Curcuma longa L.
Family: Zingiberaceae
turmeric,  more...
[Curcuma domestica Valeton]
Curcuma longa image
Michael B. Thomas  
Erect herb; rootstock fleshy, branched, orange-colored; leafy stems 60-90 em tall; petiole elongate, as long or longer than the blade; blades elliptic-lanceolate, up to 36 em long and 8-10 em wide; inflorescence emerging from sheath near stem apex, a cylindric spike to 12-14 em long, of close-set overlapping bracts; bracts green or the upper ones white or pinkish-purple, each slightly connate basally with adjoining bracts; flowers several from behind each bract, about 5 em long, petals thin, creamy white or pale yellow, the lip with a darker central stripe; filaments petaloid; anther cells each with a spurred base.

India; widely distributed in cultivation; in Guam sparingly naturalized. Mangilao (4164); Umatac (4395). "Wild," ace. to Safford.

Source of a yellow dye (from the roots) and a condiment, turmeric.

Curcuma longa L. Sp. PL 2. 1753; Kbnig in Retz. Obs. Bot. 3:72. 1783; Seem, in Bonpiandia 9: 260. 1861, Viti, 443. 1862, FI. Vit. 291. 1868; Drake, Ill. Ft Ins. Mar. Pac. 314.1892; K. Schum. in Pflanzenr. 28 (IV. 46): 108.1904; Merr. Inter¬pret. Rumph. Herb. Amb. 163. 1917; Jan in Agf. J. Dept. Agr. Fiji 9(4): 28. 1938; Yuncker in Bishop Mus. Bull. 178:40.1943, in op. cit. 184:30.1945, in op. cit. 220: 86. 1959; J.W. Parham, Pl. Fiji Isl. 261. 1964, ed. 2. 355. 1972; B.E. V. Parham in New Zealand Dept. Sci. Indust. Res. Inform. Ser. 85:13.1972; Burtt m Notes Roy. Bot. Gard. Edinburgh 35:212. 1977.

Curcuma domesiica Vateton in But). Jard. Bot Buiwnzorg It. 27: 31. 1918; Hoiltum in Gard. Boll. Singapore 13:6S.fig. 4.195$, Bufkitt, Diet. Econ. Prod. Middy Penins, ed. 2.716.1966; Sykes in New Zealand Dept. Sei. Indust. Res Bull. Mfc 271. 197$ St. John & A.C. Sm. in Pacific Sci, 2«: 346. 1971; Burtt & R. M. Sm. in NotoRoy. Bot. Gard, Edinburgh 31s 183,203.1972.

Curcuma sp. Christopbersen in Bishop Mus. Bull. 128: 57. 1935.

In Fiji Curcuma is naturalized in woods and forest, sometimes locally frequently, at elevations from near sea level to about 250 m. It is an herb forming dense clumps, with leafy pseudostems to about f m. high, with white to green bracts; the inner perianth segments are white, and the labellum is cream-white with a yellow median band. However, the species has seldom if ever been found fertile m Fiji.

TYPIFICATION AND NOMENCLATURE: This is discussed above under the genus. For Curcuma domestica, Valeton took Konig’s 1783 description as the type; this was based on a now lost Konig collection from Malaya.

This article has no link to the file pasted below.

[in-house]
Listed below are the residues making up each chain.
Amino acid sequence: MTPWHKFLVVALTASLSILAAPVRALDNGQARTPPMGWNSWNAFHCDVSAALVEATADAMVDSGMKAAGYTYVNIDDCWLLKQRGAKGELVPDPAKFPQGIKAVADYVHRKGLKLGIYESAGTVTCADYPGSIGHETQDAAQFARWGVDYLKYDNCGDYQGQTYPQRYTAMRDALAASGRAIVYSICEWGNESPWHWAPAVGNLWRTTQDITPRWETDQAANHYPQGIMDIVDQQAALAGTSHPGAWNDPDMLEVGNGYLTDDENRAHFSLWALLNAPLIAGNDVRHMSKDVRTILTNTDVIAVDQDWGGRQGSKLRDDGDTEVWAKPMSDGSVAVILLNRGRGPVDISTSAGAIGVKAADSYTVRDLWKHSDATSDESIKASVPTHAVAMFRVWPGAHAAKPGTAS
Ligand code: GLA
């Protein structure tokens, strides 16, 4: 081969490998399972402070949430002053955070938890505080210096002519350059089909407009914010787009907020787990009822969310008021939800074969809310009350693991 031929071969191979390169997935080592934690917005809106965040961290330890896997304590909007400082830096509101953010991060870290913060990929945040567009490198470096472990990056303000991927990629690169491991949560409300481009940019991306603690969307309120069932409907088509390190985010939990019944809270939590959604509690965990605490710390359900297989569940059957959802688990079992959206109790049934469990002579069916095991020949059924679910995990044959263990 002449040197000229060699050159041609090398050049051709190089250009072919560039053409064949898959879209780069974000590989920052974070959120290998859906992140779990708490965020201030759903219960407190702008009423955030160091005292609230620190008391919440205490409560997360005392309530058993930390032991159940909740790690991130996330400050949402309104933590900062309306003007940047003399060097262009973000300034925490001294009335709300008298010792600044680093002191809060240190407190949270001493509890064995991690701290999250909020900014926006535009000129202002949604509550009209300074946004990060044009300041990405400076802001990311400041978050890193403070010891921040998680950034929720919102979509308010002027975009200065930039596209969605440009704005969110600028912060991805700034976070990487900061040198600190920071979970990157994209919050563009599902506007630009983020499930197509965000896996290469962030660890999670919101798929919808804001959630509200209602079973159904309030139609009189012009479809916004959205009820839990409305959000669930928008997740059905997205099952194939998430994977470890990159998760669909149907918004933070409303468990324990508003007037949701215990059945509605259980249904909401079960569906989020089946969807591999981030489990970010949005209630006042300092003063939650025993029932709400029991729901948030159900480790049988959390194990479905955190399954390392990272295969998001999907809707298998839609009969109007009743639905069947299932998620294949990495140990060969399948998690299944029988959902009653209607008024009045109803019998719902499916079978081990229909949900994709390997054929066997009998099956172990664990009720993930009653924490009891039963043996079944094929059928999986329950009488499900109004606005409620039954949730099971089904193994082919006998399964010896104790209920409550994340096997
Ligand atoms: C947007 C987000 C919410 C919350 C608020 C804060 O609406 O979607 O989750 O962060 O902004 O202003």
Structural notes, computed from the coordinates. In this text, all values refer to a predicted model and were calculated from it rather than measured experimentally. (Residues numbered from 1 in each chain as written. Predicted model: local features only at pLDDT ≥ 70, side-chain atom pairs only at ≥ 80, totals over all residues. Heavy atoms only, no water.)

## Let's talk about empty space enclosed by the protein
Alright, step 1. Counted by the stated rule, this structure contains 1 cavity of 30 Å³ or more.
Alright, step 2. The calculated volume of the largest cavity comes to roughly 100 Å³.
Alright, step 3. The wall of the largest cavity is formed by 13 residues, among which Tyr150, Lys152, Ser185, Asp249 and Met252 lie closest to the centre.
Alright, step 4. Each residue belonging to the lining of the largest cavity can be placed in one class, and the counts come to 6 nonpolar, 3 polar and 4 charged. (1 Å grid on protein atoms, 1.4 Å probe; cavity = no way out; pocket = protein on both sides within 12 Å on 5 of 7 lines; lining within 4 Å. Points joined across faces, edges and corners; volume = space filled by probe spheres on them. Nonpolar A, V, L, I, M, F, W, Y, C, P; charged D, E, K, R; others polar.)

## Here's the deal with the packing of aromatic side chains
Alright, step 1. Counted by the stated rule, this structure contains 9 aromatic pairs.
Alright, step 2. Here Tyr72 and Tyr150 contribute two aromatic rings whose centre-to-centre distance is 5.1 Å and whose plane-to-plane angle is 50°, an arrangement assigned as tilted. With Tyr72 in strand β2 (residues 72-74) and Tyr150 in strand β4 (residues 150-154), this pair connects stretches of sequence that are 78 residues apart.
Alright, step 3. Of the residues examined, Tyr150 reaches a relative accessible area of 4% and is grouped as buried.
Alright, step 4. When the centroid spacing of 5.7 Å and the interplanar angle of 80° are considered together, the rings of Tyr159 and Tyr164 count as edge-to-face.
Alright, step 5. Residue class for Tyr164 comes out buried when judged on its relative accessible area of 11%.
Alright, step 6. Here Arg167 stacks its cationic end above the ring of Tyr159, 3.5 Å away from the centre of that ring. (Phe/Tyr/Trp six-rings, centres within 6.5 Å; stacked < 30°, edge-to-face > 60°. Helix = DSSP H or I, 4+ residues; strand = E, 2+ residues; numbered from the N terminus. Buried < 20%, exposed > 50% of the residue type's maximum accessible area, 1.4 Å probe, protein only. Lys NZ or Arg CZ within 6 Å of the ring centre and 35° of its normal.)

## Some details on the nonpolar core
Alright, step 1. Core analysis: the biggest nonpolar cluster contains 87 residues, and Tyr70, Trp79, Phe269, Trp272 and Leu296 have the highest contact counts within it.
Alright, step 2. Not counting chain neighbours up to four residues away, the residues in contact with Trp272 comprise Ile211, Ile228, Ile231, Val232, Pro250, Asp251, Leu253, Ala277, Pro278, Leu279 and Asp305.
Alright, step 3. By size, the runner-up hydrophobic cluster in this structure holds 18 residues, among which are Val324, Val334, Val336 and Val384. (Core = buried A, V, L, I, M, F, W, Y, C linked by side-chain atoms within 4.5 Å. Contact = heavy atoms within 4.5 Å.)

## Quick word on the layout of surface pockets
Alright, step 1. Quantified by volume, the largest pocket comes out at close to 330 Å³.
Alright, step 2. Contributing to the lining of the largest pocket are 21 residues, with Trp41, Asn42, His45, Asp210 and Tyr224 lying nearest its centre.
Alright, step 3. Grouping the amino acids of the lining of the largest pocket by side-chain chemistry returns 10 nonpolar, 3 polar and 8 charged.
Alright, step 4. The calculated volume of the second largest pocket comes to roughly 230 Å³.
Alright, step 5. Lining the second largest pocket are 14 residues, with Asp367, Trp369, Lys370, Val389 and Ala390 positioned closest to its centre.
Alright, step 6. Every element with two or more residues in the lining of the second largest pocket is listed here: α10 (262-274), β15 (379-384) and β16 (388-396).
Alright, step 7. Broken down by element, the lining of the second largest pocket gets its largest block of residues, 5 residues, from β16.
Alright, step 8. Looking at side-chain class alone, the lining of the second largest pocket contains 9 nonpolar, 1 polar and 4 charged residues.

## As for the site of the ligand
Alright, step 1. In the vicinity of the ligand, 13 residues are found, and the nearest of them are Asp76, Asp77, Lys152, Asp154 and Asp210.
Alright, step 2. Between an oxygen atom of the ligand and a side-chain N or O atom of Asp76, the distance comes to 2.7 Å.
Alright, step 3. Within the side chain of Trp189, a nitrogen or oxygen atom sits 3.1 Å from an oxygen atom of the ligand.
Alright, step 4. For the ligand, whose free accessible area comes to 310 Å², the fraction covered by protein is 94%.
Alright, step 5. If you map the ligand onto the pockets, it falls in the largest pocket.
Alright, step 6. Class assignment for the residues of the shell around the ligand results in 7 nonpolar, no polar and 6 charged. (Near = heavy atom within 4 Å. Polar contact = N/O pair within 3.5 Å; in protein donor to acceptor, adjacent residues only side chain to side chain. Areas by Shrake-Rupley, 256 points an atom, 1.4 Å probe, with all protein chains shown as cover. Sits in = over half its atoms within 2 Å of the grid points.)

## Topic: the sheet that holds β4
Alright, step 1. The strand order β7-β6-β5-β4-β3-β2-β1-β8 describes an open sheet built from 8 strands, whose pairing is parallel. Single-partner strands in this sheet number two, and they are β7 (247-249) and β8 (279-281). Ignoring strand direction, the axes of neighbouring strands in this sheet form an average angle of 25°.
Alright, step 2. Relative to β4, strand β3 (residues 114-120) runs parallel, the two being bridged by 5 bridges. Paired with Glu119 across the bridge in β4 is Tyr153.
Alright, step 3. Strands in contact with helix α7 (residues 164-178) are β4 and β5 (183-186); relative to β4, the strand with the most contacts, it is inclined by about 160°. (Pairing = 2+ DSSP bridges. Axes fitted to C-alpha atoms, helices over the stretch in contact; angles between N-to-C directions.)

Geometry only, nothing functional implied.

DISTRIBUTION: The country of origin is not definitely known (cf. Hohlum, 1950, cited above), but the species is widely cultivated in Indo-Matesta and has been aboriginally introduced throughout the Pacific. In Fiji it is so thoroughly naturalized as to appear indigenous, but it does not appear to heextcnsivelyif at all cultivated.

LOCAL NAMES AND USES: Turmeric, thango; avaa; /Mb&re#re«ga(the bet per¬haps for the prepared powder). The rhizeMe is used in the preparation of curry; its orange-colored powder is used in various ceremonies, as a cosmetk, sometimes to paint newborn babies, and also as a medicinal poultice to relieve {bin.

AVAILABLE COLLECTIONS: YASAWAS: Yakwnbi, St. jtfori f&027. VITI LEVU: NANOBONGA & NAVOSA: In or near tbe ok town of Tonave, ft. B. K. JMum 727, MS. Fin without further locality, Sre mamt 623. Horne r.n.

USES: Medicinal. Turmeric (the yellow powder extracted from the root), often mixed with juice from the aerial root tip of fā (Pandanus tectorius) and either copra or Tongan oil, is applied to skin sores (pala sino) and certain rashes (called mea) of infants. Turmeric is used similarly in Samoa and the Cook Islands, and in former times a mother and her newborn baby were smeared with it.

Curcuma longa is widespread in the Old World tropics from West Africa to eastern Polynesia, but is thought to have originated in cultivation somewhere in Southeast Asia (it is not known to occur in the wild state), and from there was carried throughout the Pacific by early voyagers. Turmeric occurs mostly in plantations and around home sites in Tonga. Since it is unable to set seed, it is not naturalized, and any occurrence in forested areas is usually a result of past cultivation. Turmeric is esteemed throughout its range as a condiment (especially in Asia, where it is an essential ingredient in curry), and for the light yellow or yellow-orange dye extracted from the rhizome. The plant is a glabrous, erect herb up to 1 m in height, arising from a fleshy, yellow, aromatic rhizome. The erect leaves have a finely parallel-veined, lanceolate to elliptic blade up to 40 cm long. The flowers are in a cylindrical spike 12‒25 cm long on a leafless flowering stalk, and are borne in few-flowered clusters among the numerous, overlapping, green to reddish bracts. The white to yellow, tubular perianth (corolla plus calyx) is mostly 2.5‒5 cm long. Flowering is infrequent, and no are seeds produced.